Famous for its marathon migration across North America, the monarch butterfly has seen its numbers drop almost 90 percent in the past two decades.
Now, the iconic insect with the orange and black wings may soon get a helping hand.
The federal government announced this week that it would consider listing monarch butterflies under the Endangered Species Act. That would provide protection for the butterfly's habitat and prohibit killing or collecting them as well as the interstate or international trade of them except under a federal permit.
"The Endangered Species Act is the most powerful tool available to save North America's monarchs, so I'm really happy that these amazing butterflies are a step closer to the protection they so desperately need," said Tierra Curry, a senior scientist at the Center for Biological Diversity.
The Center for Biological Diversity along with the Xerces Society for Invertebrate Conservation and the Center for Food Safety had filed a petition urging the U.S. Fish and Wildlife Service to list the monarch.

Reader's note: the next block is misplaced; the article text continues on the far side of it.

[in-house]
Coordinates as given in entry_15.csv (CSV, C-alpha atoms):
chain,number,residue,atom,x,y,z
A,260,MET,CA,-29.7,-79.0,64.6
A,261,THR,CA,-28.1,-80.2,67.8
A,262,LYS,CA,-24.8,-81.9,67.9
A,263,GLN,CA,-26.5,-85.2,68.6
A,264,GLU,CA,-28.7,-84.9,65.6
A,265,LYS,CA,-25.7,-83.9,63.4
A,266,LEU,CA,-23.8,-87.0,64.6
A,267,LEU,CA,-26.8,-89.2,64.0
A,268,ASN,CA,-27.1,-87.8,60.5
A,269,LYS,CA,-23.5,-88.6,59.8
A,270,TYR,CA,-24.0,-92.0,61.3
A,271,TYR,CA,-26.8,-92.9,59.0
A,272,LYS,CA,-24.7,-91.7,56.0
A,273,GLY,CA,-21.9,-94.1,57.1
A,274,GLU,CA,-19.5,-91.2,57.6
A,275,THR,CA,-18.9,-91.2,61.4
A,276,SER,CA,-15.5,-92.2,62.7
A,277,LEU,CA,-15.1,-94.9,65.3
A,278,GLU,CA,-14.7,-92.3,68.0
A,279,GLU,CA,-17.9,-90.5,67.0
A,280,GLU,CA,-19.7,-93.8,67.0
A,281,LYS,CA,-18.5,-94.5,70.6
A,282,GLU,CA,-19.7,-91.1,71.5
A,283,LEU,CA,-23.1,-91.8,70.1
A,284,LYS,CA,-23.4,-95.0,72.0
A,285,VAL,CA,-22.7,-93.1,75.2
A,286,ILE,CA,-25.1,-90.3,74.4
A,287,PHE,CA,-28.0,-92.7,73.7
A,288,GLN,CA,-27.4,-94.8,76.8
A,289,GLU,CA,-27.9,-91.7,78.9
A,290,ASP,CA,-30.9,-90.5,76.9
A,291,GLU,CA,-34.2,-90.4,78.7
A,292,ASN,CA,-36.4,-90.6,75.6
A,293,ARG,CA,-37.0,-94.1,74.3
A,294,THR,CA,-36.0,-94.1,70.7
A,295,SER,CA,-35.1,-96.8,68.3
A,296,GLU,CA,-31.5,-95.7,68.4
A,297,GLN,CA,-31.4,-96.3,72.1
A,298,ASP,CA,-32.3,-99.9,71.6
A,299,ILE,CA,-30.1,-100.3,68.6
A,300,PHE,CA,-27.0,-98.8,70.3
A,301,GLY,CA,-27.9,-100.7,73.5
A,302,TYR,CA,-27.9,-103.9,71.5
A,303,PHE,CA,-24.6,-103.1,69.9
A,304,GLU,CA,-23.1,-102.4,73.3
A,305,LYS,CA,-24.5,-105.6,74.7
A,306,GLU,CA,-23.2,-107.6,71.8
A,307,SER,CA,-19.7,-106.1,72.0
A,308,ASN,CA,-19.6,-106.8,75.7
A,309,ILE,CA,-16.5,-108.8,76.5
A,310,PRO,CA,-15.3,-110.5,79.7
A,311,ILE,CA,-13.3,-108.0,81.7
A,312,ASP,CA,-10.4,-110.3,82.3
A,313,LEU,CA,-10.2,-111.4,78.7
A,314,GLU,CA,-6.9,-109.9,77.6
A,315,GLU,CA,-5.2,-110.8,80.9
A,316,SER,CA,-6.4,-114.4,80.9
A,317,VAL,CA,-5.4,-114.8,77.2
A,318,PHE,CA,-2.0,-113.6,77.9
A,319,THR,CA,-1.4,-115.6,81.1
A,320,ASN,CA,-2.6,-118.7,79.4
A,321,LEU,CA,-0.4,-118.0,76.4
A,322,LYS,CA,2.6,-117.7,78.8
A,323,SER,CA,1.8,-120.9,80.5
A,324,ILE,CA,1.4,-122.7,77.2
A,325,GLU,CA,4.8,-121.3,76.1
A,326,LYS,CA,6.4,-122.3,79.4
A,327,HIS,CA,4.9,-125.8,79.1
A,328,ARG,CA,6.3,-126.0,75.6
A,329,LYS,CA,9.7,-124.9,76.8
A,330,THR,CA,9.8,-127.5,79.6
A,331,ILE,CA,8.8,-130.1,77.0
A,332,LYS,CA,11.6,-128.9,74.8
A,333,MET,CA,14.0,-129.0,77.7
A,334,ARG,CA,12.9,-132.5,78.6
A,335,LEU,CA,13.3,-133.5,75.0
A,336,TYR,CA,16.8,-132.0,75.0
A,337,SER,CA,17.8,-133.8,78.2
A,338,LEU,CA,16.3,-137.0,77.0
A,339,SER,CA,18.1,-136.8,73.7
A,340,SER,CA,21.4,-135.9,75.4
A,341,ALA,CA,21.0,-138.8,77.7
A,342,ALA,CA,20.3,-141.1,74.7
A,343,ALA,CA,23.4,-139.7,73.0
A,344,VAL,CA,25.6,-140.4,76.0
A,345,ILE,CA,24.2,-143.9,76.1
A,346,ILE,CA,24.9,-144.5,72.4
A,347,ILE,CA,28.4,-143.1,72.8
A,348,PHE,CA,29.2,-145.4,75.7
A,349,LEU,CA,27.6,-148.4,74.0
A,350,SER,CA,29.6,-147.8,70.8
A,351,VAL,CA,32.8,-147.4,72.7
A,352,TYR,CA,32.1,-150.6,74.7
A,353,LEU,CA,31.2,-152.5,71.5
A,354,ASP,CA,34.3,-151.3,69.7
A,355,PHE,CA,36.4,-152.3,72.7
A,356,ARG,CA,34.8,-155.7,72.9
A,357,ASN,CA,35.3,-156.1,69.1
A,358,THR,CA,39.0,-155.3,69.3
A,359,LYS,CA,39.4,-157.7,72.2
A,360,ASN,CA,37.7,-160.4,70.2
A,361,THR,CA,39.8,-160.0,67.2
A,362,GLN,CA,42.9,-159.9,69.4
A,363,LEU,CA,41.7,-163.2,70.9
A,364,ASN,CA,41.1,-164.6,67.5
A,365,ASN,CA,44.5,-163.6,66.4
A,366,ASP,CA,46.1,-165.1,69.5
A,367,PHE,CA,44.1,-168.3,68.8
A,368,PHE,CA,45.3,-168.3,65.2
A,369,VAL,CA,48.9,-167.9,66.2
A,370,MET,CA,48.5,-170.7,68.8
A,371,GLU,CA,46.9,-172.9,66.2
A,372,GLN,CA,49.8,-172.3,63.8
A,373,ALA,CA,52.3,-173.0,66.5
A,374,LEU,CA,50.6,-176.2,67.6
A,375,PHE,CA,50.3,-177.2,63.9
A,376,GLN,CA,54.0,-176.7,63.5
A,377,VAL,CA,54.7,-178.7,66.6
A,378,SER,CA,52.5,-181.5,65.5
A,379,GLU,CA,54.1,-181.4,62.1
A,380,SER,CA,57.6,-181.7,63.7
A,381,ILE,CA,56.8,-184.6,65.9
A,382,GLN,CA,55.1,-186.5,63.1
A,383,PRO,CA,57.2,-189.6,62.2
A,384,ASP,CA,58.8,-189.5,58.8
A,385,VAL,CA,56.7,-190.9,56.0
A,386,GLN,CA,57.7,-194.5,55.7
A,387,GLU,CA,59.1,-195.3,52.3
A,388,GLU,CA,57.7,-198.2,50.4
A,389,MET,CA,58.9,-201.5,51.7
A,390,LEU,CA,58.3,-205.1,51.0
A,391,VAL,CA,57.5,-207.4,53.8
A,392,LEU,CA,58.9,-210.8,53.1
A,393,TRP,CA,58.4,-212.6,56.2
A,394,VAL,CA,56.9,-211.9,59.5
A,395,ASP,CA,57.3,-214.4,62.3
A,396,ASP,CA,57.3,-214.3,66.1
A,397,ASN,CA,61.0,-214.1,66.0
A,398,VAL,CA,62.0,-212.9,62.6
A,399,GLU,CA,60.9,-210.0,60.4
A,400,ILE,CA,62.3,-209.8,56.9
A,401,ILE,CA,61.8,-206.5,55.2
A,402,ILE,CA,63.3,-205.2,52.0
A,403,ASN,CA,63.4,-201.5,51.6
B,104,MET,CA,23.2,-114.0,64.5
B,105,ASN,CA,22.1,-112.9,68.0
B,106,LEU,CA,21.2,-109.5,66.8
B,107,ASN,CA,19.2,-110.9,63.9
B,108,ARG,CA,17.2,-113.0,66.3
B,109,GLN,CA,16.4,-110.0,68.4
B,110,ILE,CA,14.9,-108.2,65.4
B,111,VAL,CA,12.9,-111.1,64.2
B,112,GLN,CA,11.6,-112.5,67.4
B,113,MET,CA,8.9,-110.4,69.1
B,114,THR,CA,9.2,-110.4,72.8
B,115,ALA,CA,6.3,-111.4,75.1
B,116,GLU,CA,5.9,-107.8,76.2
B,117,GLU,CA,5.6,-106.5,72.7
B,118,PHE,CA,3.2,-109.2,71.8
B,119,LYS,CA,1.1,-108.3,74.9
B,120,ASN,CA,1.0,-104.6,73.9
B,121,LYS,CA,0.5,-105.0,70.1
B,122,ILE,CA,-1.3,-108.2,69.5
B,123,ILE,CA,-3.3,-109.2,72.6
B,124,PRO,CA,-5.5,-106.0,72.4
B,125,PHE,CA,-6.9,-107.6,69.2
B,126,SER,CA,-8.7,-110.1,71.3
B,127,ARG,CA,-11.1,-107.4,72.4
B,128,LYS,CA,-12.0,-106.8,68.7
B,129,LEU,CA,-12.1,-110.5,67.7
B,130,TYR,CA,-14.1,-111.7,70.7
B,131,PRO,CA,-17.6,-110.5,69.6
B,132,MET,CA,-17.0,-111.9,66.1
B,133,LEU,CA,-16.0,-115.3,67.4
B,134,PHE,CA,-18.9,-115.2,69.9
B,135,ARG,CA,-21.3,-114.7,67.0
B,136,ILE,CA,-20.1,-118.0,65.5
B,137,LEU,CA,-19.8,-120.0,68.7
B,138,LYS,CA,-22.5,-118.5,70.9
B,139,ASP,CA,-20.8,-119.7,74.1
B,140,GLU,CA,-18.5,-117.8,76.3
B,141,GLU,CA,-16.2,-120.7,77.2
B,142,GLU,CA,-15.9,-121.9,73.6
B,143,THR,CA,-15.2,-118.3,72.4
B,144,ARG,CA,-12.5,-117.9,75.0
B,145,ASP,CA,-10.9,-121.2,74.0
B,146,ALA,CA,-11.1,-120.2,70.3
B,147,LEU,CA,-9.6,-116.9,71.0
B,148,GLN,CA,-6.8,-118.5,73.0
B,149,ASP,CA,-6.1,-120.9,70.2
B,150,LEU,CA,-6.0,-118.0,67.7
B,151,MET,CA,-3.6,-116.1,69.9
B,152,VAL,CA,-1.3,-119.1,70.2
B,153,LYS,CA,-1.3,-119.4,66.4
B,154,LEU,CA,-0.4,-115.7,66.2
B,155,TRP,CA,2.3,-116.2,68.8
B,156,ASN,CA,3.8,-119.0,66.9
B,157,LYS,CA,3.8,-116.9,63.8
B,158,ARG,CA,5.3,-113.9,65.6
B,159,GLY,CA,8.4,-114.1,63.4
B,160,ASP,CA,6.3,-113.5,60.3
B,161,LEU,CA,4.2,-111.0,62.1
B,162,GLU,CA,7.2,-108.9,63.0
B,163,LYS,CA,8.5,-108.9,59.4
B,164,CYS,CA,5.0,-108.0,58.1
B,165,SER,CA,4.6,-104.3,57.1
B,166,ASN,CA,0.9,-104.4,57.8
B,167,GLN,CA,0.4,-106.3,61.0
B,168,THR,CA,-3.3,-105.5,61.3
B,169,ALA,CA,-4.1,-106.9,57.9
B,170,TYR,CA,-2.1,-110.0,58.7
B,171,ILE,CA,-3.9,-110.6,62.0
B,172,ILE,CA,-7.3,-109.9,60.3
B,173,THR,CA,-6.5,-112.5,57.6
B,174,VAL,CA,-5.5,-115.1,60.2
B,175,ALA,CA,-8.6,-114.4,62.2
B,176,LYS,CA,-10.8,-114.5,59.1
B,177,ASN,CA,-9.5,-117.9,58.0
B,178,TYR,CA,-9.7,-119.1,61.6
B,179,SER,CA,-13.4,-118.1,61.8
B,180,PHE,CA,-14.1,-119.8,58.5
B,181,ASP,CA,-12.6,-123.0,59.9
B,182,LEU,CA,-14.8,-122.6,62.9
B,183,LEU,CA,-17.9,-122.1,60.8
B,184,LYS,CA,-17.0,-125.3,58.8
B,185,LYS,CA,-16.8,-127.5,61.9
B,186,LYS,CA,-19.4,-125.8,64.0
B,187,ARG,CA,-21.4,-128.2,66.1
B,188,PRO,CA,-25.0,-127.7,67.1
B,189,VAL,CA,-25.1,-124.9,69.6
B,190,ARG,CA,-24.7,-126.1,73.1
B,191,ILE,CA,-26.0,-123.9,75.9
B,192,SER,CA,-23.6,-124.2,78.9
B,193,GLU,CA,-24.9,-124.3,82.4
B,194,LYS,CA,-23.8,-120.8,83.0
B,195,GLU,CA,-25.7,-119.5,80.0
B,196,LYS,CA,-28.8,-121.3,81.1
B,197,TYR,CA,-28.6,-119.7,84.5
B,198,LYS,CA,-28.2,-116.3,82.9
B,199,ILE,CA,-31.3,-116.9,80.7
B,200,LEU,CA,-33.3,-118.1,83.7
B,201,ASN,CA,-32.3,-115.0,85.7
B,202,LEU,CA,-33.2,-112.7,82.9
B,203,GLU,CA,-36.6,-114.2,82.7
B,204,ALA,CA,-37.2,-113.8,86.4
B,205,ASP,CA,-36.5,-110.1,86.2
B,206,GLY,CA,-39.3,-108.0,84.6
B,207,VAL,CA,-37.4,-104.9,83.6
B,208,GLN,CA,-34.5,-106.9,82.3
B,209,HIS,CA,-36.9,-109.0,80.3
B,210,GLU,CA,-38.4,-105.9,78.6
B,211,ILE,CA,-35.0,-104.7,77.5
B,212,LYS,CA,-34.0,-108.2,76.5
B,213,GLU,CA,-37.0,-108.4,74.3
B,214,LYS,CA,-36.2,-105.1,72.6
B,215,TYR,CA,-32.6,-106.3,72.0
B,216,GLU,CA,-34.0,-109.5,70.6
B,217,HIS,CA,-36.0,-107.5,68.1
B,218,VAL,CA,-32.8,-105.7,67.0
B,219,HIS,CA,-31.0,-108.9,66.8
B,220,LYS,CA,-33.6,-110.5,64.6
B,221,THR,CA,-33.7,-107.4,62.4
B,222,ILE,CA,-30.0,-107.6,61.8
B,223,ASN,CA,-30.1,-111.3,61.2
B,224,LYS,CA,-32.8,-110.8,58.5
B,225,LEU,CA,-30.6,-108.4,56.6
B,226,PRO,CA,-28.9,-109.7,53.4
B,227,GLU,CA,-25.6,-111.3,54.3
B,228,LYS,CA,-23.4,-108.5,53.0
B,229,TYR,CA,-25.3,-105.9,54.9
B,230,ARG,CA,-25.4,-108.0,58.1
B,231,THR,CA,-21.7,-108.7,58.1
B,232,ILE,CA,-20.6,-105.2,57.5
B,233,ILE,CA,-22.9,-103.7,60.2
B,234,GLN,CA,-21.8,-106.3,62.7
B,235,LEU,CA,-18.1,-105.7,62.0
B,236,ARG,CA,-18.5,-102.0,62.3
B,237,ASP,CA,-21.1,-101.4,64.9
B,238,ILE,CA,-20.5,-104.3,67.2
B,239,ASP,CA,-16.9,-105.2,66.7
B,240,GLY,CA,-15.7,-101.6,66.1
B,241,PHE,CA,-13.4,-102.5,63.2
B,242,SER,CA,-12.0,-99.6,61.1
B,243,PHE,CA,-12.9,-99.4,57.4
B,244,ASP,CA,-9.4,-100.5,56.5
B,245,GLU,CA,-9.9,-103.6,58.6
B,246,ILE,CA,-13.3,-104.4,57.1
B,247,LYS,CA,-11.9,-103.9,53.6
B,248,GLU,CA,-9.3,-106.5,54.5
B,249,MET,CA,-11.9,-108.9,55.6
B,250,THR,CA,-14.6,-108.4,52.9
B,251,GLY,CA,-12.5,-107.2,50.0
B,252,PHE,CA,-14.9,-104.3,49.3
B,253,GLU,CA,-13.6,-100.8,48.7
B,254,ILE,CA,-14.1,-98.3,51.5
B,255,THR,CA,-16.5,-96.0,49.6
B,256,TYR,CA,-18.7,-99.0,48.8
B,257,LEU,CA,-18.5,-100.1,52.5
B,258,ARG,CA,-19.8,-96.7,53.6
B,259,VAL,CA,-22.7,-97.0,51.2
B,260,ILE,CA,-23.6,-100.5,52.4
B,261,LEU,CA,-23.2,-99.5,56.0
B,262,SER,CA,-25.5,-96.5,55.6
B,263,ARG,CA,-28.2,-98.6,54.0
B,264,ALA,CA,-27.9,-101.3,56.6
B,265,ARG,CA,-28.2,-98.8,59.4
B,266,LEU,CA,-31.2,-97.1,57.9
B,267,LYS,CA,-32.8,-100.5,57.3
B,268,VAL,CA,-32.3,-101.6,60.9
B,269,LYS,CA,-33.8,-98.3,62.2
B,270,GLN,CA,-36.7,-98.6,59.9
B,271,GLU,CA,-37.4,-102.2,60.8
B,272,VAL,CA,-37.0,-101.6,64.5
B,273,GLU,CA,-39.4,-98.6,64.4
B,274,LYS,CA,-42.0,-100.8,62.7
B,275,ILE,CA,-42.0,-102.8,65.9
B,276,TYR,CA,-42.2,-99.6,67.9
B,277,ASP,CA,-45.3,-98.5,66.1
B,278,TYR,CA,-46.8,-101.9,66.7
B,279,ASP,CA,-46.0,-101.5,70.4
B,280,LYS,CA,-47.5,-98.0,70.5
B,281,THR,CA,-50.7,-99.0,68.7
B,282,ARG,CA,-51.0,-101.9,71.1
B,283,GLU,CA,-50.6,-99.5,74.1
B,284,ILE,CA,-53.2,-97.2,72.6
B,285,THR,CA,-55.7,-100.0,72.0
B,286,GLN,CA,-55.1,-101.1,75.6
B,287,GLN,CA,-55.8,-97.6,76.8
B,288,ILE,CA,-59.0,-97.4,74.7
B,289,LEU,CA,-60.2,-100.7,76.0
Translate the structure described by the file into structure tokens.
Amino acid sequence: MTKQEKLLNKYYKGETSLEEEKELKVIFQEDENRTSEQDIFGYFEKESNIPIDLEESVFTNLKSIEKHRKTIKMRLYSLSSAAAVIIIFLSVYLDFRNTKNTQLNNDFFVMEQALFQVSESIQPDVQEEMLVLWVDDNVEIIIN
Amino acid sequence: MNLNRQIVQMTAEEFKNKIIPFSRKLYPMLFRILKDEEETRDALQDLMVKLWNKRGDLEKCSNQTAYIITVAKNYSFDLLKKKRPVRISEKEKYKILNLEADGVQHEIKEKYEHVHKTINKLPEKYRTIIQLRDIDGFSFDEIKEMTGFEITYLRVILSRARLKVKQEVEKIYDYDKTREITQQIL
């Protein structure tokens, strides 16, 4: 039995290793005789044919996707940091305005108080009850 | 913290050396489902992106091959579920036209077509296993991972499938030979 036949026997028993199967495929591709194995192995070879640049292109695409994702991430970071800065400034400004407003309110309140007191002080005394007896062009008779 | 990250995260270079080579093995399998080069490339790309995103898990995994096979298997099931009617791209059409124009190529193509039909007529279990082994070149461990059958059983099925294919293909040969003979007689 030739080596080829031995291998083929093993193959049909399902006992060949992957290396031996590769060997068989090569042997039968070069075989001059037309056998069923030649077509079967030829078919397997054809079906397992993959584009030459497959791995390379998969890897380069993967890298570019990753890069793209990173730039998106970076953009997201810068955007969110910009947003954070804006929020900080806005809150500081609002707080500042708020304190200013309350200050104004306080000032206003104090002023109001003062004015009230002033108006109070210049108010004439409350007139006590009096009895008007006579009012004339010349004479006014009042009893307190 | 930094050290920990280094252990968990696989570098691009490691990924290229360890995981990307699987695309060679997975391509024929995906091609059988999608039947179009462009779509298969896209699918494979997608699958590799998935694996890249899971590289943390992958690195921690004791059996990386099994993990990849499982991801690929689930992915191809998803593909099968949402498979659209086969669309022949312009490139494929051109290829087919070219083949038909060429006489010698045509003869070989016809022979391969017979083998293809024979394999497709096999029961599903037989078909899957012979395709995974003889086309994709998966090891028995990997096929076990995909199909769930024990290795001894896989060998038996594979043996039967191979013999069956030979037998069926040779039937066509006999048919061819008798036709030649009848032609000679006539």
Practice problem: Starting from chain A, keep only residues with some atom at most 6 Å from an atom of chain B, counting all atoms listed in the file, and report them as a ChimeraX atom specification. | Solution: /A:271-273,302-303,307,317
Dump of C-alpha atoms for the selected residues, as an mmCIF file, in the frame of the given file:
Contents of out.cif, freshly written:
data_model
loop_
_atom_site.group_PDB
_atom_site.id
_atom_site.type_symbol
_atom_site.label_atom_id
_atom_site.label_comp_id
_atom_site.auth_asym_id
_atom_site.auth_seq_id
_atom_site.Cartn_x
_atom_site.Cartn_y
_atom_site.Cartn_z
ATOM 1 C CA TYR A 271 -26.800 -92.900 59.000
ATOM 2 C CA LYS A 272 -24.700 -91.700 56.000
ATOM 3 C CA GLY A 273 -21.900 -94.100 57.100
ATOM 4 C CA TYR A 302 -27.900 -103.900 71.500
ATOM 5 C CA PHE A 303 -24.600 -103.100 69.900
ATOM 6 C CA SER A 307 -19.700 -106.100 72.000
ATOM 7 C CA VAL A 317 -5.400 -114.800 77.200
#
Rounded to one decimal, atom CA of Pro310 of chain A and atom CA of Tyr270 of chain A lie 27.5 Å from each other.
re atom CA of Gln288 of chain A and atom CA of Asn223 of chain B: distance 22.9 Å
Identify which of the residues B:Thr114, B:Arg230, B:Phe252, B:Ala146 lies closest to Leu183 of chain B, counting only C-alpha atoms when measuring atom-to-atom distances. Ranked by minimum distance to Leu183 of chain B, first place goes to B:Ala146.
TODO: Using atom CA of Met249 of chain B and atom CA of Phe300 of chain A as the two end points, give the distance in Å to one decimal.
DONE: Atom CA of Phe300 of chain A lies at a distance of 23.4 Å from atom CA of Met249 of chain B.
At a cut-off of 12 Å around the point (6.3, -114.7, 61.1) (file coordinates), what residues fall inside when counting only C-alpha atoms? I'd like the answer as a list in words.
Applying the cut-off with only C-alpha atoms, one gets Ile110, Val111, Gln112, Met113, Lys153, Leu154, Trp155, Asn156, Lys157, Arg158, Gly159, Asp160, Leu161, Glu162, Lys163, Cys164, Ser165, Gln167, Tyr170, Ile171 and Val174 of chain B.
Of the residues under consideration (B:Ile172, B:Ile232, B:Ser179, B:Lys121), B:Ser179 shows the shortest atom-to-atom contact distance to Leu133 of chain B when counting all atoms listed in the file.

"Our petition is a scientific and legal blueprint for creating the protection that the monarch so direly needs, and we are gratified that the agency has now taken this vital first step in a timely fashion," said George Kimbrell, senior attorney for Center for Food Safety. "We will continue to do everything we can to ensure monarchs are protected."
The monarch population has gone from an estimated billion butterflies in mid 1990s to only 35 million last winter, according to the Center for Biological Diversity. Much of that decline is due to threats along their migratory paths and on their breeding and wintering grounds, including the loss of milkweed -- the monarch caterpillar's sole food source.
The Center for Biological Diversity also contends that part of the butterfly's demise is due to the planting of genetically modified herbicide-resistant corn and soybean crops. That has resulted in a surge in herbicide use, which has led to the widespread killing of the milkweed.
Other threats have included deforestation in Mexico and, more recently, severe cold snaps, unusually heavy rain or droughts around the continent.
For the next year, the U.S. Fish and Wildlife Service will conduct a review. The first step will be gathering data on the butterfly in the next 60 days, including its historical and current range and population levels, as well as past and current conservation measures.